By Divya Balji, Nick Lichtenberg and Yueqi Yang
The nation’s stock market has rebounded from a bout of late-summer volatility as global markets plunged, roiled by trade tensions and geopolitical risks. The reversal of momentum stocks, a surge in oil prices and the easing of trade tensions propelled almost 50% of the benchmark index this month. Energy and financial stocks, which were lagging the broader gauge, bounced back.
In a world of low interest rates, “it’s far better to borrow money and buy ownership than it is to buy bonds for example,” said Thomas Caldwell, chairman and founder of Caldwell Securities Ltd.
“The market isn’t a homogeneous thing,” he said. “It’s made up of big caps, midcaps, small caps and in all kinds of diffesinsrent industries. The mid-to-small caps lag the market. So that whole sector is underpriced.”
One technical analysis may shed some light. Bloomberg’s Fear and Greed indicator, a measure of buying strength versus selling strength, for the S&P/TSX rose to a 7-month high during this month’s rally, but still fell short of the January peak. In January, stocks soared 8.5% — the most since 2009.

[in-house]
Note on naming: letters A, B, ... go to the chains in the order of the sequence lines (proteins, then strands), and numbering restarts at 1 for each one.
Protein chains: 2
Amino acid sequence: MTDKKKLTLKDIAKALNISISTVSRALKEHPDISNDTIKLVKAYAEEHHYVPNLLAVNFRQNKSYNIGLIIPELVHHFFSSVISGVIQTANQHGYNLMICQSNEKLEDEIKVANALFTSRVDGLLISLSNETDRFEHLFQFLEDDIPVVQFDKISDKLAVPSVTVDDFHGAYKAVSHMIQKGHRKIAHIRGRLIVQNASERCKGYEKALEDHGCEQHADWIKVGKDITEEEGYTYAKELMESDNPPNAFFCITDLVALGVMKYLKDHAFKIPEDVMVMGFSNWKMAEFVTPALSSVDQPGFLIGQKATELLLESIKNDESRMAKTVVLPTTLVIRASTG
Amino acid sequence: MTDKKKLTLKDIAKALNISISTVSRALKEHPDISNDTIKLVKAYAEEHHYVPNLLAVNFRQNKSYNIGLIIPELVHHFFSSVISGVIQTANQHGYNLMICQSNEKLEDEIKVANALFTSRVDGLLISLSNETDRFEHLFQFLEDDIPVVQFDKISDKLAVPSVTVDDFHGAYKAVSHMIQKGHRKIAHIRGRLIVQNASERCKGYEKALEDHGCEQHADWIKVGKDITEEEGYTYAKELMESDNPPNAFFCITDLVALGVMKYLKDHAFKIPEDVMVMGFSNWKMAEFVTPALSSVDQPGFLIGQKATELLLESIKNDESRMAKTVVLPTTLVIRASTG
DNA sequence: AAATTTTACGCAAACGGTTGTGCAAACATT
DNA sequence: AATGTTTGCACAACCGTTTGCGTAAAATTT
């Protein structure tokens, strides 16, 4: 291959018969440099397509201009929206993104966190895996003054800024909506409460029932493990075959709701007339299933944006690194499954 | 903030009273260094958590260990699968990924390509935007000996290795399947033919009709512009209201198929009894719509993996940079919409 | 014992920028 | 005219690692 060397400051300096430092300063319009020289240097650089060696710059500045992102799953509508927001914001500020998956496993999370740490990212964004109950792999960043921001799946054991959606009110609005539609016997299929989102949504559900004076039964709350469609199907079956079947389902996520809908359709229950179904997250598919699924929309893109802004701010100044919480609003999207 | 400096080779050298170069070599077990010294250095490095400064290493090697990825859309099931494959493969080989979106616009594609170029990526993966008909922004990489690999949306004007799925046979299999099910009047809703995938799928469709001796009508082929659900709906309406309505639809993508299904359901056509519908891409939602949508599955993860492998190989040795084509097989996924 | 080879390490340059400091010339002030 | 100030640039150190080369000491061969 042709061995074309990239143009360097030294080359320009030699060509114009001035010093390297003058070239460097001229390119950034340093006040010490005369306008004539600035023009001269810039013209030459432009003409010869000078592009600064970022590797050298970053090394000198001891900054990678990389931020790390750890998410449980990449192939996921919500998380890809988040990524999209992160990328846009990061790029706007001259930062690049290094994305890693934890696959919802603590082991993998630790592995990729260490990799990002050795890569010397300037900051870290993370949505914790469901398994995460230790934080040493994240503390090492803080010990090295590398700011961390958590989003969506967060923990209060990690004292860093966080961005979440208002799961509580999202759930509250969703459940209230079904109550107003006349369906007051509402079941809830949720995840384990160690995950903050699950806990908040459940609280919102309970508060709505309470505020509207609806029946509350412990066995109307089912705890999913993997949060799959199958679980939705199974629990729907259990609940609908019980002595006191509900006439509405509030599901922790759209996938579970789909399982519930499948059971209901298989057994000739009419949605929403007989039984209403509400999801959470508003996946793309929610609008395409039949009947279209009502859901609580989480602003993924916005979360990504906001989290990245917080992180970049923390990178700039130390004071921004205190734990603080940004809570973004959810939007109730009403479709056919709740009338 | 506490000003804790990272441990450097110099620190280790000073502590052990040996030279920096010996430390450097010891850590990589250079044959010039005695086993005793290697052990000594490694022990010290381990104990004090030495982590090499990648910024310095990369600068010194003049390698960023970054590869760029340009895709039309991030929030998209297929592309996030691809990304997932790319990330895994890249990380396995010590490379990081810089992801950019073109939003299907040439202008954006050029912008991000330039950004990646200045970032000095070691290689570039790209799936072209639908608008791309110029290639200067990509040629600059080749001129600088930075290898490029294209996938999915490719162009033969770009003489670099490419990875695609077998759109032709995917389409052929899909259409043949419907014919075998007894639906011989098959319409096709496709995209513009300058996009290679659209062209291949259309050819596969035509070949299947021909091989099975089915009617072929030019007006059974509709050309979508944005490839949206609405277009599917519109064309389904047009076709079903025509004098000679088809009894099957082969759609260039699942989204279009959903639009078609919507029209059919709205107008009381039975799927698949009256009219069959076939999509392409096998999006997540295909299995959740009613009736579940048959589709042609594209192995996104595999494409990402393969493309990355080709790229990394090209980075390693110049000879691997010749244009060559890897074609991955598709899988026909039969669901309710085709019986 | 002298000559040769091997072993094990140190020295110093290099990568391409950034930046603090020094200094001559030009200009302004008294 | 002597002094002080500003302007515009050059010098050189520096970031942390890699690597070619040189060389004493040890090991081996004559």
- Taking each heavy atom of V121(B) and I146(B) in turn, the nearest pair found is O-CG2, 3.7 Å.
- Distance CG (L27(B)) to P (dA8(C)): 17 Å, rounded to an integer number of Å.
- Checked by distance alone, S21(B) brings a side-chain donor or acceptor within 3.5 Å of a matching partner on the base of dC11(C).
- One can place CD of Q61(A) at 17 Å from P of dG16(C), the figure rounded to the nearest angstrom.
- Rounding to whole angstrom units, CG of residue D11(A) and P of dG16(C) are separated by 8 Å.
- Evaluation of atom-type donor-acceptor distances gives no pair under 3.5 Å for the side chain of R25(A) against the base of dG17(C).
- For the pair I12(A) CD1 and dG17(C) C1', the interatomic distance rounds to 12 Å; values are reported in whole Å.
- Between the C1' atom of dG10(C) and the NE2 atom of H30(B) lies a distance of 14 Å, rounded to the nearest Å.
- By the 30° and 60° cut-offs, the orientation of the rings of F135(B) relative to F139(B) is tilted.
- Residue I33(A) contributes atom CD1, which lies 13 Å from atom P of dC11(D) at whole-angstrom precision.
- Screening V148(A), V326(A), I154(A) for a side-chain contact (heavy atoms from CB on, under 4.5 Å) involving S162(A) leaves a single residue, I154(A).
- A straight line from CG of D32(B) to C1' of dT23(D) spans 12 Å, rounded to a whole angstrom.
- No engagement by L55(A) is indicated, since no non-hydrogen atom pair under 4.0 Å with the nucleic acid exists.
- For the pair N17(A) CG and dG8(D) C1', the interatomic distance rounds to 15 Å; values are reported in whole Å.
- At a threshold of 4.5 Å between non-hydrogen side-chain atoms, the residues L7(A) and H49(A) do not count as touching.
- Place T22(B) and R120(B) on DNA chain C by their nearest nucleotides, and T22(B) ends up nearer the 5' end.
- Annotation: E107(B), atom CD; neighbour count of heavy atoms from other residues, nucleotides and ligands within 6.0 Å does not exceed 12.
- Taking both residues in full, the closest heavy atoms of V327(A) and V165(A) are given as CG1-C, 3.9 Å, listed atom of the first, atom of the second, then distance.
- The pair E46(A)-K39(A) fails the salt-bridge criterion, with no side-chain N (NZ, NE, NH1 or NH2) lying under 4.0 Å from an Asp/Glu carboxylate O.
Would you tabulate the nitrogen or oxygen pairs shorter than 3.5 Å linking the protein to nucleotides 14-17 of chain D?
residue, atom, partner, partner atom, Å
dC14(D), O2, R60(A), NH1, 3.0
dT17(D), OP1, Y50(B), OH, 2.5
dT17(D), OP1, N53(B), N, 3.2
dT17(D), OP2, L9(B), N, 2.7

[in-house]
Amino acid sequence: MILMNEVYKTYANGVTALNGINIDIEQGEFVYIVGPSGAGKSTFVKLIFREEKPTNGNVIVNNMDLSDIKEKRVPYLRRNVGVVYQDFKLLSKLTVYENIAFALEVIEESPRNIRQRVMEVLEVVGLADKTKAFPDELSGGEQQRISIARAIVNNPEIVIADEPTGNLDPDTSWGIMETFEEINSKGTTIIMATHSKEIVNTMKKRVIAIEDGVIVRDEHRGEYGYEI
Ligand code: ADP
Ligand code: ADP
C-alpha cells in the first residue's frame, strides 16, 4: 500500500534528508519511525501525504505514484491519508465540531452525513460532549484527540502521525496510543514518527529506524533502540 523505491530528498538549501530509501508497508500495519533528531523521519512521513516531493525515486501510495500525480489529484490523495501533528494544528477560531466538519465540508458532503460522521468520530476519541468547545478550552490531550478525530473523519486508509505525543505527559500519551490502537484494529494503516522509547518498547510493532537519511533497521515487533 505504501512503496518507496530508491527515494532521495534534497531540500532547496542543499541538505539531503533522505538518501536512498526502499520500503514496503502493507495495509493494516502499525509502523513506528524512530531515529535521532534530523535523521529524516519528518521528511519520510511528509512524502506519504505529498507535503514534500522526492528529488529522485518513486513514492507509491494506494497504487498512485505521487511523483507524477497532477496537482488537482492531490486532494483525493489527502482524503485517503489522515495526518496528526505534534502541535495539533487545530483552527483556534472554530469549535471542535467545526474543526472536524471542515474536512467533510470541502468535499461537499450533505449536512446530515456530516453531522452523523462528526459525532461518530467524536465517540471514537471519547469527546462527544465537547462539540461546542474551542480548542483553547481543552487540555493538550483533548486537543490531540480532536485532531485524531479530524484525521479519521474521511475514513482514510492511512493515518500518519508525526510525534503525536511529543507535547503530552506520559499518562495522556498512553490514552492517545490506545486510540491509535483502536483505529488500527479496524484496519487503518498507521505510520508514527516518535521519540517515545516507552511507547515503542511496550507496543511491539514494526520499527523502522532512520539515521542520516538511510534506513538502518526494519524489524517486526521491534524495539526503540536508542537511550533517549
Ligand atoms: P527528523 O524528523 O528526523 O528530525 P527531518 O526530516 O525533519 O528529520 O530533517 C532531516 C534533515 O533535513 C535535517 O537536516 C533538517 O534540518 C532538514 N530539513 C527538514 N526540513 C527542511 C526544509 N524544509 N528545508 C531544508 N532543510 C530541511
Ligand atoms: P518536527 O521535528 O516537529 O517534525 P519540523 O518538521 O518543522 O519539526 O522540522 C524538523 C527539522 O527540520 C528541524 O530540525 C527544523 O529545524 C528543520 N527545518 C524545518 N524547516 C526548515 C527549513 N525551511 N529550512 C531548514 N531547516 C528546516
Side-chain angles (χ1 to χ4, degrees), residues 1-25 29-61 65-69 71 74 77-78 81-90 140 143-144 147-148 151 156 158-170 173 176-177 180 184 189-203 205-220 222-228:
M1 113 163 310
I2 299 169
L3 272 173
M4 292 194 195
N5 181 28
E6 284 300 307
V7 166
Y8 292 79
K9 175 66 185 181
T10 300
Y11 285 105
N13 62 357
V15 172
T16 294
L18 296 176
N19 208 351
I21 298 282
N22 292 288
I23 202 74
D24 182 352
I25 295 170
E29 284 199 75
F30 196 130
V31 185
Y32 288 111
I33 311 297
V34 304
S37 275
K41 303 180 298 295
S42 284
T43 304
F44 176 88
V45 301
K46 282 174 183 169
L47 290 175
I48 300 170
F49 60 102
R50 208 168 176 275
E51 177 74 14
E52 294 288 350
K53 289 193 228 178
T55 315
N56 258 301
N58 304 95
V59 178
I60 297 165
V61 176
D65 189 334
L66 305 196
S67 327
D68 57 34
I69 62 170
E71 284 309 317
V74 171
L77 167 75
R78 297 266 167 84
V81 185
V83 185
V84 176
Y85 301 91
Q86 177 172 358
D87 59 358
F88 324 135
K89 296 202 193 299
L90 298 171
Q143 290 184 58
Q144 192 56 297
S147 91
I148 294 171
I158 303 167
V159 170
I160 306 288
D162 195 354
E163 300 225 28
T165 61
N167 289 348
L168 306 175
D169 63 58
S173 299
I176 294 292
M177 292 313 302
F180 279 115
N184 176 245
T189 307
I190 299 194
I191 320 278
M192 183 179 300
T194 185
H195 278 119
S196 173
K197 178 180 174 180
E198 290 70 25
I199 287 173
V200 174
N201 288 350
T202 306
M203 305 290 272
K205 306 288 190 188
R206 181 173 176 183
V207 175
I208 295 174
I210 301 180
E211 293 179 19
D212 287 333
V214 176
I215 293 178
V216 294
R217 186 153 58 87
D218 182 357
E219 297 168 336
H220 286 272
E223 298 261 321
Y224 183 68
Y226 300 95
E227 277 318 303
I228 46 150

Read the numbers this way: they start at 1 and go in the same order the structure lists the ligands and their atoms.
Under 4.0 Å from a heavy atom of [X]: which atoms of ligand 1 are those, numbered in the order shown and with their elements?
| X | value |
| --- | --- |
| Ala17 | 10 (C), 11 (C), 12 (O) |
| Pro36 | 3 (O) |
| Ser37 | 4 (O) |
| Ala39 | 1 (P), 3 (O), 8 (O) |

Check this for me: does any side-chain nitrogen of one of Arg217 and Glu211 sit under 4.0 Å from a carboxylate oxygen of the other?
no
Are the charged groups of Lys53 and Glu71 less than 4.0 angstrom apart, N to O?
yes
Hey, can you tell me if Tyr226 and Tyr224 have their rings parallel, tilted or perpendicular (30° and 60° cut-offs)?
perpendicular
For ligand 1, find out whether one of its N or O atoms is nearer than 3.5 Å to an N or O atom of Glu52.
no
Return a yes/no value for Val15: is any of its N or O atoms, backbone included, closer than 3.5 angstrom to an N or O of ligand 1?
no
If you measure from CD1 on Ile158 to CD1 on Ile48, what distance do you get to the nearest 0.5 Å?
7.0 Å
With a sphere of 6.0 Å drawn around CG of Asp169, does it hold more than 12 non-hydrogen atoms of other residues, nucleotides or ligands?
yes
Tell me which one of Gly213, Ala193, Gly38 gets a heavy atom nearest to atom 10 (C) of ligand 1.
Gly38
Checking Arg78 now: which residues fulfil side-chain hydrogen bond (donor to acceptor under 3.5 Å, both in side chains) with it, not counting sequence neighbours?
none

Foreign investors may be making a comeback. After four months of net outflows, overseas investors returned with almost C$2 billion ($1.5 billion) of capital in July, according to a report from Statistics Canada.
Caldwell acknowledged that markets will continue to be choppy: “There’s a lot of stuff out there that can add some angst on a short term basis.”
“I still think that it makes more sense to be an owner of things in this interest rate environment. You might have pullbacks but I’m an eternal optimist and it has served me well over 55 years in this business,” he said.
Here’s a recap of what happened this week:
Markets — Just The Numbers
Chart of The Week